Planet Earth is more complex than it may seem and, one of the most interesting aspects it has, is found inside it and in the different parts that make it up. One of the parts of this structure is the lithosphere, which corresponds to the outer part of the planet and is in direct contact with the atmosphere. However, sometimes it can be difficult to distinguish it from the rest of the lower layers. If you want to know what the lithosphere is , as well as get a definition for children appropriate to their mind and that they can understand without problem, keep reading AgroCorrn and we will tell you about it.
What are the parts of the Earth?
Due to gravity and the spherical shape of our planet caused by gravity, the Earth has a layered structure that extends from its center to the outside . These layers are organized in a similar way to the layers that we could find in an onion. However, in the case of the Earth, the way they organize themselves depends on the density of matter:
- In this way, in the innermost part, we find the so-called nucleus, which is the center of the Earth and which is formed by a solid sphere of very heavy materials and which remains solid despite the high temperatures to which it is subjected. . This core is made up of the heaviest metals on the planet, such as iron, mercury, gold, lead, and so on. In fact, all the heavy metals that we find on the surface have reached this place through asteroids that hit the surface long after it solidified or, in some cases, from volcanic eruptions that expel part of these heavy materials. from the inside of the planet to the outside.
- Second from the inside, we find the mantle . This layer is the thickest of all those that form the Earth, and is characterized by being liquid due to the residual heat that the planet still conserves from the times in which it was formed. This layer is made up of magma that is in motion, and that is responsible for volcanic eruptions all over the planet.
- Finally, we find the last layer, called the earth’s crust , which is solid and forms the outer part of the Earth . This is usually divided into two parts, the continental or oceanic crust, depending on the outermost part and where it is found. And the lithosphere, which would be the part of the solid crust and which is common to the entire surface of the planet.
What characterizes the lithosphere?
The lithosphere is the outer layer of the planet that is shaped like a rock that covers the entire planet. This is because, being the outermost layers, their direct contact with the atmosphere has allowed it to cool before the rest of planet Earth. In fact, millions of years ago, the entire planet was one great incandescent mass. However, as the exterior cooled, the lithosphere was formed , which ended up forming it and giving it the shape of a layer of surface stone that surrounds the entire planet. Later, due to the effect of climatic agents such as water, the most superficial part of the lithosphere was degrading, giving rise to the superficial crusts that we see today.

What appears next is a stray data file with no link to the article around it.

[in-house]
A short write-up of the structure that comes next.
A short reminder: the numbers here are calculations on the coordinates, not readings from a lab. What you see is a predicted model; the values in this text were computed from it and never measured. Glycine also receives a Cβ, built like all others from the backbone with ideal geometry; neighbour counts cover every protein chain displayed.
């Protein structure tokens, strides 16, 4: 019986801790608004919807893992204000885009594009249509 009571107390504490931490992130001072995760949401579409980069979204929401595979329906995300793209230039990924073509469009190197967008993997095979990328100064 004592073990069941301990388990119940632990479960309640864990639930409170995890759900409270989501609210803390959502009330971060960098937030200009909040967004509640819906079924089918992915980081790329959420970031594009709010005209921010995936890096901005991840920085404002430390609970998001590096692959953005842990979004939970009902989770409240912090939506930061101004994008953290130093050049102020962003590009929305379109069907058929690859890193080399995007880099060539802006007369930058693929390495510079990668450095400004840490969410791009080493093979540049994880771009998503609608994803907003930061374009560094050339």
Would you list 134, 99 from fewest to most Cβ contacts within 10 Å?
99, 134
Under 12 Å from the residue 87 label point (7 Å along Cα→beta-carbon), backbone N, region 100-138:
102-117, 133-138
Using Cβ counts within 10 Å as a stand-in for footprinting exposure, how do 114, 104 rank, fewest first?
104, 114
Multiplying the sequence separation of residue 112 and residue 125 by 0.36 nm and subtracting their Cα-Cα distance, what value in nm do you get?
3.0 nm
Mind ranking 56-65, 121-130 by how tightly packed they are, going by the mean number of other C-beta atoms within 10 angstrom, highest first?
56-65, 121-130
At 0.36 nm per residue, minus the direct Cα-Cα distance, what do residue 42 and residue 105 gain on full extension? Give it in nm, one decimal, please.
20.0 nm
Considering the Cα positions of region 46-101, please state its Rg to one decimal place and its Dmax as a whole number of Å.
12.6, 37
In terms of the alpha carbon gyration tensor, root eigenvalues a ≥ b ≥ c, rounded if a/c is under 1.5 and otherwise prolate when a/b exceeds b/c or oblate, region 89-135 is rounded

In fact, the word lithosphere literally means “stone sphere” , and it perfectly defines its nature. This layer of stone floats on top of the incandescent mantle that constitutes the second inner layer of the Earth and, in fact, it is not a perfect layer. The lithosphere is fractured in different parts, forming plates that drift over the mantle. In fact, these plates, called tectonic plates , are responsible for the existence of earthquakes and volcanoes, since, when the activity inside the mantle moves them, it is when earthquakes or volcanic eruptions are generated.
Explanation for children to understand what the lithosphere is
When explaining what the lithosphere is to children , the best way to do it is always through visual and practical examples. A simple way to understand it is through a small experiment in which we will need sand, water and flour.
The experiment will consist of creating a model of the interior structure of the Earth . To do this, we will deposit the sand, water, and flour in a transparent container. Thus, due to the density, the sand will fall to the bottom of the container, the water will remain in the middle, and the flour will remain at the top despite being solid. Next, we will have to help ourselves with a spoon to flatten, as best as possible, the flour, so that it gives the appearance of a plain.
The experiment will consist of explaining to the child that the sand would correspond to the core of the planet, while the water and the flour will correspond to the mantle and the lithosphere respectively. Likewise, we can move the container slightly so that the water inside it moves. In this way, the part of the flour that we have flattened with the spoon will experience cracks and even small eruptions of the lower water if the movement is very marked. In this way, we will be able to explain to the children how earthquakes and volcanoes occur when the liquid mantle acts on the solid lithosphere.
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